‘No daylight’ between UK, US on Iraq polls: Rumsfeld
* CPA denies plan to transfer sovereignty to Governing Council
WASHINGTON: US Defence Secretary Donald Rumsfeld said he sees “no daylight” in US and British positions over direct elections in Iraq, but said the question was whether they could be held by this summer.
Mr Rumsfeld, who briefed members of the Senate behind closed doors, was asked afterwards by reporters about a British newspaper report that British Foreign Minister Jack Straw was pressing for direct elections in Iraq and Washington was inclined to go along.
“The US has always been for direct elections. The only question was when and how fast could they be done,” he said, adding that direct elections would be held on Iraq’s new constitution in any event.
Iraq’s top Shiite cleric Ayatollah Ali al Husseini al Sistani and coalition officials signalled flexibility on holding early elections, with both sides suggesting they’ll follow any UN recommendation on whether a direct vote is feasible, Iraqi and Western officials said.
11 killed: Two US soldiers were killed near Baquba, northeast of Baghdad, in a mortar attack, the US military said. “Last evening at approximately 6:30pm two 4th Infantry Division soldiers were killed and one critically wounded in a mortar attack at a forward base in Baquba,” 4ID spokesman Major Josslyn Aberle said. Militants in a car fired AK-47 assault rifles and tossed a grenade at a police checkpoint near Fallujah on Thursday, killing three policemen. Four Iraqi laundresses were killed when assailants raked their minibus with gunfire west of Baghdad. A British soldier was killed in an automobile accident on Wednesday in Al Amarah.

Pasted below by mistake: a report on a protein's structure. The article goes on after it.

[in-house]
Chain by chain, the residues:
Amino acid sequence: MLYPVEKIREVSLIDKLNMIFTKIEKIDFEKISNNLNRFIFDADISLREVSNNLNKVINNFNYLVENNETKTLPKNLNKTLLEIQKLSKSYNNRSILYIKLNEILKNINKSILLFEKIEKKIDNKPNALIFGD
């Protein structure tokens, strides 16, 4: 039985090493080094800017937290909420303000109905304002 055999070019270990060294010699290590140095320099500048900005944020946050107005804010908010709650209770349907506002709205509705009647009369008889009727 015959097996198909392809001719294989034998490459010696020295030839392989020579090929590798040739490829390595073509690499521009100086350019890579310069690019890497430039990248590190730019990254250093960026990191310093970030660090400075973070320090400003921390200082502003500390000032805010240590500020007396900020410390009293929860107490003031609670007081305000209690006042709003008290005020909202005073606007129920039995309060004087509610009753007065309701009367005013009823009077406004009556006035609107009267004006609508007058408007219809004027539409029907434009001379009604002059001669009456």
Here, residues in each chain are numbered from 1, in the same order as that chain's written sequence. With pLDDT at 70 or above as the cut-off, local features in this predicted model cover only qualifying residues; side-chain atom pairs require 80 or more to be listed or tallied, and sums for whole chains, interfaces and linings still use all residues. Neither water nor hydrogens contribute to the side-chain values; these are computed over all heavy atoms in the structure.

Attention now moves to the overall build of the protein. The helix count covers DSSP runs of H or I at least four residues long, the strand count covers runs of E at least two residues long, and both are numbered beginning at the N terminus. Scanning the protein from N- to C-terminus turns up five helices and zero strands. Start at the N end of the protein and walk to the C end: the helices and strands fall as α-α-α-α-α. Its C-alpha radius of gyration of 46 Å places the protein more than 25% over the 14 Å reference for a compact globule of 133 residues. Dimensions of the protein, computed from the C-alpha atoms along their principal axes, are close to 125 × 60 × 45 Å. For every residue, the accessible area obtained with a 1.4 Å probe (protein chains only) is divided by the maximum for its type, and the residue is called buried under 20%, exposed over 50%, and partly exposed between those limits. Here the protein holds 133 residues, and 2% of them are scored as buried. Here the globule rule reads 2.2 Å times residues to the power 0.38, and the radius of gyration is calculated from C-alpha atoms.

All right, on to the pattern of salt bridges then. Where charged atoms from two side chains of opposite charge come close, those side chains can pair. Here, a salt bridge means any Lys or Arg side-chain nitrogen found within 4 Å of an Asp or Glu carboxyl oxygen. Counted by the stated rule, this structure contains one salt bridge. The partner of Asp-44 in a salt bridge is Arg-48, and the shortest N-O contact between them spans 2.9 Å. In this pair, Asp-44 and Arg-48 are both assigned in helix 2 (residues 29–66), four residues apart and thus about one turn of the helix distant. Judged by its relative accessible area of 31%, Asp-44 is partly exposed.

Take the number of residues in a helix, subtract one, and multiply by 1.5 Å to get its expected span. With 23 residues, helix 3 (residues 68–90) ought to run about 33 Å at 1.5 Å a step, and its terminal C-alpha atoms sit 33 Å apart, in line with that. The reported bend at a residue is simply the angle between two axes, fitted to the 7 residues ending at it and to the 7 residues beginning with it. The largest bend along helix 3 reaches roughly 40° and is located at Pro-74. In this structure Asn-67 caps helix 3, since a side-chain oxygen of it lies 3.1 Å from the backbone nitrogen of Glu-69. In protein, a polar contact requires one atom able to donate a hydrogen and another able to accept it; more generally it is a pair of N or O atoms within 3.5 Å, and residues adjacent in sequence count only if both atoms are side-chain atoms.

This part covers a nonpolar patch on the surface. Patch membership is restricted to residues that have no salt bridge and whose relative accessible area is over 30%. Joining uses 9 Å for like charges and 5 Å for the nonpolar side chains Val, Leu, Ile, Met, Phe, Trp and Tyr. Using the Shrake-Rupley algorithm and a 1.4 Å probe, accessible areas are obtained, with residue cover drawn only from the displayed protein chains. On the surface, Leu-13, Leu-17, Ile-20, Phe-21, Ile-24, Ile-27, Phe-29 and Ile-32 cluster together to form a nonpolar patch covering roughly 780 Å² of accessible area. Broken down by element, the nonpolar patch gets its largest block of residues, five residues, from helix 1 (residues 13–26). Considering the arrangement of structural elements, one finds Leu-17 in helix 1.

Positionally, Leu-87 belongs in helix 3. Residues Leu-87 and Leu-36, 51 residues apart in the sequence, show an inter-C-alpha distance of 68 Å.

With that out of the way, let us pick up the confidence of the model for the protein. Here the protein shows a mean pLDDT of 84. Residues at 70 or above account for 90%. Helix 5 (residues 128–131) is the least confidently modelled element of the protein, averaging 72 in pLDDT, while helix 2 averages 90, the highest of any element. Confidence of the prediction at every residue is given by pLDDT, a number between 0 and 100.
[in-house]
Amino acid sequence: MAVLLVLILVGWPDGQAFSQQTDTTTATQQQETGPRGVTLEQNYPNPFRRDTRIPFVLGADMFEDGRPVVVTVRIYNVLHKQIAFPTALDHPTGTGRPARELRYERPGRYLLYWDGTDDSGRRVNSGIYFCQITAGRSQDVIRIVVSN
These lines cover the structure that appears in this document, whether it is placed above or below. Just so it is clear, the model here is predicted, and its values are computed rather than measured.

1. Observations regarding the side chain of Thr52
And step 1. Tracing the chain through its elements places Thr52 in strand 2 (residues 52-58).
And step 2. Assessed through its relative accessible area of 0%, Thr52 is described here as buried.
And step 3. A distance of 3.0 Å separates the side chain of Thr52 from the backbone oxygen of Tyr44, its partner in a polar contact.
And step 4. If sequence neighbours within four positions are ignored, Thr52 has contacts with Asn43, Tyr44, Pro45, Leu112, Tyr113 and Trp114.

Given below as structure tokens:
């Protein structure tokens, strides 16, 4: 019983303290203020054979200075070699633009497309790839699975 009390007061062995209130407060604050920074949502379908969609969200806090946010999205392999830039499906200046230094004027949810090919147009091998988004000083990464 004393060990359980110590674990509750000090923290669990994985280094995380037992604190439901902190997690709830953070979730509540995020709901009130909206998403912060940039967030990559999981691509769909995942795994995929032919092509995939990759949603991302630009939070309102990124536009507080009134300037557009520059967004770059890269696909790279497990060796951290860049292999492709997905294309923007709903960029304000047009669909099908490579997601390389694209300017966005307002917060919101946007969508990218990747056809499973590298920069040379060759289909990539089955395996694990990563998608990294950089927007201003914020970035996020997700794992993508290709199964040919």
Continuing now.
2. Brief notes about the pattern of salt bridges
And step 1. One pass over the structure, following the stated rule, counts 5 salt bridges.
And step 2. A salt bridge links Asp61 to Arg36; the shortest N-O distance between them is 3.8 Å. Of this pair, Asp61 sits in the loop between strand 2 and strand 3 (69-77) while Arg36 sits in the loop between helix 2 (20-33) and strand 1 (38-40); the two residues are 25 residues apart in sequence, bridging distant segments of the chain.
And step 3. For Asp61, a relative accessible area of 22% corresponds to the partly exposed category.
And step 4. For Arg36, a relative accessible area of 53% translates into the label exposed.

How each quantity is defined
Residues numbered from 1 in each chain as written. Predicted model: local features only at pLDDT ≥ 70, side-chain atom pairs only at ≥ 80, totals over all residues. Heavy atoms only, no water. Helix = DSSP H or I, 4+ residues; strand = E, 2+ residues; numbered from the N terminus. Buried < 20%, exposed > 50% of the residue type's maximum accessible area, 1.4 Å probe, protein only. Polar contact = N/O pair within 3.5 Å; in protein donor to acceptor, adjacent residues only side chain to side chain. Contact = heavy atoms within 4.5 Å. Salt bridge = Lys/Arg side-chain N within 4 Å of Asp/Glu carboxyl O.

Shiite protests: Three days of Shiite protests struck fear in the hearts of Iraqi Kurds and Sunnis on Thursday, as US special envoy James Baker persuaded Riyadh to scrap a “substantial” reduction of Iraq’s bruising debt. —Agencies